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Joe Hymes Talks About the Importance of Enrichment in Snake Enclosures

From Audio: 8: Venomous Keeping for a Living | Joe Hymes - AE

Duration: 04:16
Joe Hymes talks about why it's so important to provide enrichment for snakes in their enclosures— especially if they have previously lived in the wild.
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Joe Hymes talks about why it's so important to provide enrichment for snakes in their enclosures— especially if they have previously lived in the wild. "Animals Everywhere" host Bryce Broom suggests that everyone should take a moment just to observe their animals and appreciate the beauty of their natural behaviors.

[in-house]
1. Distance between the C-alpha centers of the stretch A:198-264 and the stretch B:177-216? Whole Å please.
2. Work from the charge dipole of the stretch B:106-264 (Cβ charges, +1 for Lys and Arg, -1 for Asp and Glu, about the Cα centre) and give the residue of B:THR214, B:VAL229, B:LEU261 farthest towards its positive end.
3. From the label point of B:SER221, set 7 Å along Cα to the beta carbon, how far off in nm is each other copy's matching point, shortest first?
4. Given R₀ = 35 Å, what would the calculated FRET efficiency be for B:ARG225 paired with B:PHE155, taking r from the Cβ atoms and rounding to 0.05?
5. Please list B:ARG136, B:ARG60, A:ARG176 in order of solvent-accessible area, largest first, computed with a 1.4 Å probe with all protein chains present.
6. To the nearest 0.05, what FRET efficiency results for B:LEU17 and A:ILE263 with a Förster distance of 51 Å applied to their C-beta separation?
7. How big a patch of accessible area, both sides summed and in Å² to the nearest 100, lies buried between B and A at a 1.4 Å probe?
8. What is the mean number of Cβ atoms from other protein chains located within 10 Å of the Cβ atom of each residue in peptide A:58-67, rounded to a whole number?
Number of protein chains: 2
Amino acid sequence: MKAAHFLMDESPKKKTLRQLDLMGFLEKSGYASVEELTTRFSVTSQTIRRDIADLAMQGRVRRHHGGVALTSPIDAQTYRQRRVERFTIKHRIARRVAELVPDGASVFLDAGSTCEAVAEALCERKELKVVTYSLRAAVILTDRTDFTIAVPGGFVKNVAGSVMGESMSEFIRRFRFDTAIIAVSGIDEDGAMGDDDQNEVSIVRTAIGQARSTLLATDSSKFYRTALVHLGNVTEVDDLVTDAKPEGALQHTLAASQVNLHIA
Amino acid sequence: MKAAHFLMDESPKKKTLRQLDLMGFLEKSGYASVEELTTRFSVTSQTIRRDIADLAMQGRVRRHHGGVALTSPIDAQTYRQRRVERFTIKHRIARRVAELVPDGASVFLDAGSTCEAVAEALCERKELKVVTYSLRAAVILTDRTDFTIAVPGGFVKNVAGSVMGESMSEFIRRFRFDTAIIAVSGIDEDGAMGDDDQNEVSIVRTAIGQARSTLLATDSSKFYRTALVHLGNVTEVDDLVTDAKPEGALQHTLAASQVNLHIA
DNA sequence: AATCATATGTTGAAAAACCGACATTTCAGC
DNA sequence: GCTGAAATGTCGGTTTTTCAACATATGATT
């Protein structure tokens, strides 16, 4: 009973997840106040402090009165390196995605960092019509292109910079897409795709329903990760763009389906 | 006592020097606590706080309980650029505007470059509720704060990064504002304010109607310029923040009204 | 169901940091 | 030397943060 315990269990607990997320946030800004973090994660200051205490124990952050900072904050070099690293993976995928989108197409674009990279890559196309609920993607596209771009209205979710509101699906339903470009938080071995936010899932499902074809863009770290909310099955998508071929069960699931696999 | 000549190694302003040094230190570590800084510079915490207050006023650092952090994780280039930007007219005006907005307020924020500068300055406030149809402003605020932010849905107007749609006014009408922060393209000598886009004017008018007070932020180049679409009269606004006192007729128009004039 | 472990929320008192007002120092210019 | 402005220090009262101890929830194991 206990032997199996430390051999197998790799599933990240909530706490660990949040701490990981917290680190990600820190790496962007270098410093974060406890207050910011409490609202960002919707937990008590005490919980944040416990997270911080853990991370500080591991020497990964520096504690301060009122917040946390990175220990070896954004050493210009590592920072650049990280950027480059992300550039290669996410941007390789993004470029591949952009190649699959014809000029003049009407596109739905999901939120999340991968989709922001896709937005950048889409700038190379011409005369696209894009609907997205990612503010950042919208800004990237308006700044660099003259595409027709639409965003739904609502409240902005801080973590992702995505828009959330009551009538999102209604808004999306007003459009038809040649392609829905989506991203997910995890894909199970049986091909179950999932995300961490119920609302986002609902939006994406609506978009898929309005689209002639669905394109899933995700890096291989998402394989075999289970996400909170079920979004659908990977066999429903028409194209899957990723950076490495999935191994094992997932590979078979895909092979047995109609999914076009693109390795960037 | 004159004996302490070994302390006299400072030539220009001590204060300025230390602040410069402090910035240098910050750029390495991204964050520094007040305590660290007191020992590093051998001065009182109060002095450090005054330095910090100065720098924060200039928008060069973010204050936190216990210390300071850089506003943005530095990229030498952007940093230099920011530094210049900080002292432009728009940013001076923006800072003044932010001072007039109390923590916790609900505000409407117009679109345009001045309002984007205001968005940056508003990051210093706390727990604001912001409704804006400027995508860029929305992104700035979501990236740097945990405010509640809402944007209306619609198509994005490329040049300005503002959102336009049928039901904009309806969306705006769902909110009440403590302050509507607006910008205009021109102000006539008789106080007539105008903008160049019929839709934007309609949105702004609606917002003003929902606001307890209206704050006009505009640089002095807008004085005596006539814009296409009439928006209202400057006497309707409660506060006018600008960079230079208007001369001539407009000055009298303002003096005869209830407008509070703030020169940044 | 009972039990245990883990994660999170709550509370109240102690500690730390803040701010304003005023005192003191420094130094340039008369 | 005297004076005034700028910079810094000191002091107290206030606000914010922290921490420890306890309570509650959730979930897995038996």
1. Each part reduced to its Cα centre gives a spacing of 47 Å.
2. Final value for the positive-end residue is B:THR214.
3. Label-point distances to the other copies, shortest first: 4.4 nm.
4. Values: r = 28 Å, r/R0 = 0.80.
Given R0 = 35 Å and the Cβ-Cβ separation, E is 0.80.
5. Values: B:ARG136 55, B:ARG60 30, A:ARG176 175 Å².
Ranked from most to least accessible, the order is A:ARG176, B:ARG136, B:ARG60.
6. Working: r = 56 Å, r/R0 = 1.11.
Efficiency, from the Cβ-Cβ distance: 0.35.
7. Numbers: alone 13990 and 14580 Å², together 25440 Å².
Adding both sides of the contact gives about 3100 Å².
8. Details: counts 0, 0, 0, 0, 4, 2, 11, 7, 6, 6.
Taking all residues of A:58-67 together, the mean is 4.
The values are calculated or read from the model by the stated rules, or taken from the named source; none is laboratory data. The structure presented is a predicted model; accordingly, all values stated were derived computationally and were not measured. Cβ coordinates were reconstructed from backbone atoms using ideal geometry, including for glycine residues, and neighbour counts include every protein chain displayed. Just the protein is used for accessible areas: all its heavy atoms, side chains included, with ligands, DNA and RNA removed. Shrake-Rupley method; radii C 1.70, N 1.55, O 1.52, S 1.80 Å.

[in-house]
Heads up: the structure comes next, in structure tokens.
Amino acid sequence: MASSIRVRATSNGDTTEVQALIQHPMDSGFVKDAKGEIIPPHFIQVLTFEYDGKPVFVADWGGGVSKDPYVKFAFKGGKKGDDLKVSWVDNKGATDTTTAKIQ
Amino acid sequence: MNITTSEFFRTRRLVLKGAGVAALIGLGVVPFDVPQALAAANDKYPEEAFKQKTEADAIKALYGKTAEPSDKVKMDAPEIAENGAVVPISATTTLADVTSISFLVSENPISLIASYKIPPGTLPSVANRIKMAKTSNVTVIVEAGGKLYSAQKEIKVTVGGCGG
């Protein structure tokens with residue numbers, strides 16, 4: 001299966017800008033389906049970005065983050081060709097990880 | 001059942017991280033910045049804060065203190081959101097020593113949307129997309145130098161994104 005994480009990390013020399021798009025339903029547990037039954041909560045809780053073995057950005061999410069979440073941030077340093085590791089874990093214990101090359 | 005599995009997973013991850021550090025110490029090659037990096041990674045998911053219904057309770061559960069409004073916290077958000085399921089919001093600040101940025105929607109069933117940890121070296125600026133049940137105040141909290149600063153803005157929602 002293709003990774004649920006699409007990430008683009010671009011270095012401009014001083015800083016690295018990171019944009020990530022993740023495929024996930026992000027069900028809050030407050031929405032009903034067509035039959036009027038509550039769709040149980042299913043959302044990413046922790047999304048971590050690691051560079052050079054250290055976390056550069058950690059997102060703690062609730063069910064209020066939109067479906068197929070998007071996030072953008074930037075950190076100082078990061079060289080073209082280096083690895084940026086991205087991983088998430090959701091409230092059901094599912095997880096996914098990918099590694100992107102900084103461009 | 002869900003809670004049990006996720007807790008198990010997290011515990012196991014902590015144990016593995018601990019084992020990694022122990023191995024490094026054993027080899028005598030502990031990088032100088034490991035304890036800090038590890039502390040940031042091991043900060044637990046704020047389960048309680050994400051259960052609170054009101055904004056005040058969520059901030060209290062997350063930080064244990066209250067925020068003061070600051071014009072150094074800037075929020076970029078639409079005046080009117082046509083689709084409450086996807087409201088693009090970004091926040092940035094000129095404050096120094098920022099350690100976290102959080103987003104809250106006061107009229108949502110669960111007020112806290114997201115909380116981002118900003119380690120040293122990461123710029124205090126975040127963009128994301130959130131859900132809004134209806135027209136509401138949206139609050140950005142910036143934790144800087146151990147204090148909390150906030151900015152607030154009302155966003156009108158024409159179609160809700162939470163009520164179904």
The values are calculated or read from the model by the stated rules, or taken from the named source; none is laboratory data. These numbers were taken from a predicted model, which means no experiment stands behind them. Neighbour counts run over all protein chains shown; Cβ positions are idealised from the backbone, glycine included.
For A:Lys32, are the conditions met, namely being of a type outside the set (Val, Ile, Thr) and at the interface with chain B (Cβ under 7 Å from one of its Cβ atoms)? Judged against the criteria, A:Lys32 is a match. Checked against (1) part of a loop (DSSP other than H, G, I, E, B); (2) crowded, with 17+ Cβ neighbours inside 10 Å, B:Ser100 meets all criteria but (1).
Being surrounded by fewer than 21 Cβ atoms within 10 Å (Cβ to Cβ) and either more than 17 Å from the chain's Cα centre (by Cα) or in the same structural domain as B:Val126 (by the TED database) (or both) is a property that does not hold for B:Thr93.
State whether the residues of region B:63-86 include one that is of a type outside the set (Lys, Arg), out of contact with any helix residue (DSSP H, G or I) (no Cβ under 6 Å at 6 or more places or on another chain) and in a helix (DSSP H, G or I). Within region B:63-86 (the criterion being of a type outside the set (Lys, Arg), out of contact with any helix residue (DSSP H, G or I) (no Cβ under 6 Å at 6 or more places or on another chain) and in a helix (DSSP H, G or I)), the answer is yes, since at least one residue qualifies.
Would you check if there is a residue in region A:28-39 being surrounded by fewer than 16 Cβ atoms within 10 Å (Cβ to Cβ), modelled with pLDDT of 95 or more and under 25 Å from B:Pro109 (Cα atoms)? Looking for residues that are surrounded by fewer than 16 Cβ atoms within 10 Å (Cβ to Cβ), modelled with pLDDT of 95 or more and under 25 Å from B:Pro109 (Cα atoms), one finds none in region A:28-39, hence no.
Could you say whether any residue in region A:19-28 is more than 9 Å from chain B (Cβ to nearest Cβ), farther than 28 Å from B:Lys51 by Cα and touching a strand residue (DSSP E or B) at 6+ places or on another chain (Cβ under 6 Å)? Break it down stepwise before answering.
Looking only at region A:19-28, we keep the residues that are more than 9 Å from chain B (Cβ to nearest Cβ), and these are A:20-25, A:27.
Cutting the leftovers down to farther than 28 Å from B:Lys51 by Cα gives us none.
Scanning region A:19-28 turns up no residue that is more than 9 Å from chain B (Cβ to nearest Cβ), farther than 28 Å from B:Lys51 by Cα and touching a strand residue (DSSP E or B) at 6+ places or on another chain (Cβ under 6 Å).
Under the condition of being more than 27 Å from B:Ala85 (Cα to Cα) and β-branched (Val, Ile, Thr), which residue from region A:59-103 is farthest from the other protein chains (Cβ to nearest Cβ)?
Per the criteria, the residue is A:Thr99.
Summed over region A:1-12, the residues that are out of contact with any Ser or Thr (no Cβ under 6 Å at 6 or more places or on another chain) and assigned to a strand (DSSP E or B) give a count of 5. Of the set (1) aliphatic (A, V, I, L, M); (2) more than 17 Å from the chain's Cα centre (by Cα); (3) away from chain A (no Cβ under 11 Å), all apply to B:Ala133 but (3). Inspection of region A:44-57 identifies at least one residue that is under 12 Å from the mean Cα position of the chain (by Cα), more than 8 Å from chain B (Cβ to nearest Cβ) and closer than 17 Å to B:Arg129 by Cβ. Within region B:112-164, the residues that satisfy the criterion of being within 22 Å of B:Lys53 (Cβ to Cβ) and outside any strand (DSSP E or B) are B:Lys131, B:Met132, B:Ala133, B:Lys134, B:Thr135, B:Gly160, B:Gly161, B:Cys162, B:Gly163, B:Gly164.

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how important is in Richmond for reptiles? Um Well, I think it's kind of like asking how important is going outside and getting fresh air as a person. It's were not made to live inside houses and inside boxes all the time, and I don't think snakes evolved to live that way either. So I do feel sympathy for a lot of the snakes, especially ones where people might have taken them out of the wild and through no fault of the snake zone, it now can never go back home, and I like to give snakes away to kind of edible variety to their life and get a little bit of enrichment. So I think the video you're referring to might be the one talking about adding crease, So clippings from creosote bushes, into the rattlesnake enclosures. Yes, that's the one. Alright, just checking um with that, I actually got that idea from a veterinary student who works at the doesn't work out, volunteered at the Sonoran Desert Museum, and that was the first time I had heard of chemo sensory enrichment where you add something that's going to have some smell to the snake. Since that is such a large part of how they process the world and take in data and have a sense what's going on around them. And if you think about like how site is such an important way of how we take in the world that's smelling for a snake. And so if a snake is smelling the same substrate everyday smelling the same water bowl, smelling the same albino arm raised rat that's frozen, thought it's a very uh sanitized living situation. And so I like to, especially for native rattlesnakes that would encounter creosote bushes, I like to give that to them in their habitat so they can have a little smell of home. And it is what we smell out here in Arizona. Whenever it rains we smell the creosote bushes that's the most noticeable sent that we get. And so it kind of gives them, especially in monsoon season, a little taste of what's going on in the real world outside. At least that's how I like to look at it and I like to think about what I'm trying to give them. That's so cool. And can you see a difference in the snakes behavior once you add the creosote bushes into their enclosures, that's that's the best part. A lot of the snakes will go right up to it. Sometimes it's a little slower and you'll just suddenly start seeing them flick their tongue out there, starting to flick it out a little bit faster. And you can tell that they have noticed a change in their environment. And so that's what's really exciting for me is to see them slowly taking that new information, that new uh item in their environment and then go sniff it out. And some of them, it doesn't really go any further than that. They leave it alone, but others will end up rubbing their whole body in it and I'll kind of try to tuck themselves up into it and perch. I've got a funny picture somewhere of a mojave rattlesnake that was trying so hard to climb up this tiny little wig thin branch that was in no way we're going to support his body all over it. And to me that just tells me he's enjoying it, or at least is something new for him to explore and investigate. That's so cool. And it's so rewarding as a keeper to see those things happen and see our our snakes enjoying the the items we've put in their enclosures, just as you said earlier. It's not so much about touchy touchy the snake now it's more about Seeing the snake and admiring it from a distance learning as much as much as you can about the animal. On my recent podcast with Johan Marie, episode seven, he was talking about how like not enough people actually just sit back and admire these animals or just watch watch a black mamba in the wild for a couple of hours. Watch what it does we don't really know and that's that's something that I think we can all start doing, especially with our enclosures at home. We can learn a lot from the animals that are in them.
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